Dogs, Sin, Shame, and Me
I’m sure most readers have seen the hilarious videos on YouTube of dogs being shamed by their owners for chewing up a pen, taking apart the new dog cushion they so lovingly provided, snacking on their slippers, and so on. While I would never shame a dog just to make a video, I’m always amused—even if angry—when I have to shame our one-year-old overgrown pup, Velvet.
Will she never learn? So, afresh, I got to see her turn her head, put on the sad face, and suffer my glare.
They know your wrath is coming even as they mischievously enjoy their romp with a new pen or pillow or shoe. You can tell they know what is coming because in the split second before you even open your mouth—you only have to get that stern look on your face and begin scowling—they turn their heads aside in bereft disgrace. “What have you done?” you say loudly, to be sure they recognize their misdeed.
Velvet has mostly grown out of the disastrous pup phase, but still—just this morning, as if she knew I was plotting to write about her—has two of her favorite naughty romps going on: the pen and the pillow. Will she never learn? So, afresh, I got to see her turn her head, put on the sad face, and suffer my glare.
The theological overtones here are rampant. Paul says in Romans 7, “I do not understand what I do. For what I want to do I do not do, but what I hate I do” (NIV, italics mine). Like dogs, we love to do the things we know we shouldn’t do, and fail to do the things we ought. My father used to say human beings tend to enjoy their sins.
In this case I’m not talking about adultery or robbery or murder. I’m talking about the little everyday stuff. We revel in it right up to the point where we remember that, rats, there I go again, being jealous or gossipy or catty or critical. We enjoy tearing apart someone who we believe deserves being torn apart (not the new dog bed, but the reputation or recent actions of our victim).
Like the early stories of Adam and Eve in the Garden of Eden, we lower our gaze like a dog and turn our heads when confronted with our sly cheat on some paperwork or the overblown description we’ve whispered to a friend. In Genesis 3 we read how after Adam and Eve ate of the forbidden fruit, they hid from God, saying, “I heard you in the garden so I hid.”
God (just as we do as dog owners) asks both Adam and Eve, “What have you done?” to make the point they already recognize.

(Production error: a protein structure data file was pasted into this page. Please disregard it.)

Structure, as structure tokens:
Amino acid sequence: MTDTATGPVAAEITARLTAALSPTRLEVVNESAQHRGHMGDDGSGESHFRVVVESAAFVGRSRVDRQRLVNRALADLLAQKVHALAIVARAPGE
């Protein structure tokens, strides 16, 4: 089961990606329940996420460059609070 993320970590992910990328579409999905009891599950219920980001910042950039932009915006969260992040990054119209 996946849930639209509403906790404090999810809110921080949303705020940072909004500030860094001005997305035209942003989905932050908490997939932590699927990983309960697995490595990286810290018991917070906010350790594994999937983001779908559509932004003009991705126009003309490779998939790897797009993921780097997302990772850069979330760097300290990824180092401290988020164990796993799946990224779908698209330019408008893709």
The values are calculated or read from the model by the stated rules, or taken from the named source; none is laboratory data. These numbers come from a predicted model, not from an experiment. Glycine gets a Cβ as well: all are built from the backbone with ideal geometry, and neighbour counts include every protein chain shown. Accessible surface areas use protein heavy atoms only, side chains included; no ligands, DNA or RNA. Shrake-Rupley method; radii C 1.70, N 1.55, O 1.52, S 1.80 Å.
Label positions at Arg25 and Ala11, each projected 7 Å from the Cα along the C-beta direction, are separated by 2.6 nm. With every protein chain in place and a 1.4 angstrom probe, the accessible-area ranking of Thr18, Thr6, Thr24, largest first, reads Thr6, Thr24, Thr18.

However, I would like to quickly point out that God’s grace for our wrongs, misdeeds, and, yes, even our “big” sins is abundant and never-ending. Therefore even though we disappoint and grieve the God we love, grace is right there ready to be offered. All is forgiven. God’s pardon is quicker than any dog lover’s for his or her dog.
The analogy breaks down. I don’t perceive that God enjoys shaming us even if we as humans are inwardly amused by a dog’s lighter relapses. God operates in another realm and we cannot put human characteristics on the Almighty, even if we understand that we are created in the image of God. God is bigger than our puny minds, even in this humble dog/sin analogy.
When we sin and do wrong—and confess—God moves us quickly from a state of disgrace to grace, from unlovable to loved, from despicable to a slate wiped clean. All the while God never wavers in that divine love for us. Amazing grace. Fantastic forgiveness.
Once our dogs have been properly reminded or disciplined that they messed up, don’t we as dog lovers quickly offer a pat on the head or affectionate petting to reassure them they too are loved, despite what they’ve done? Depending on the immensity of the deed, it may take awhile to get over our anger, and rightly so. A happy household with a dog is one where there is a well-trained and disciplined dog—a dog with boundaries.
What other lessons do our dogs teach us about ourselves?
For a free booklet, “Finding a Way to Forgiveness,” write to MelodieD@MennoMedia.org or Another Way, 1251 Virginia Ave., Harrisonburg, VA 22802.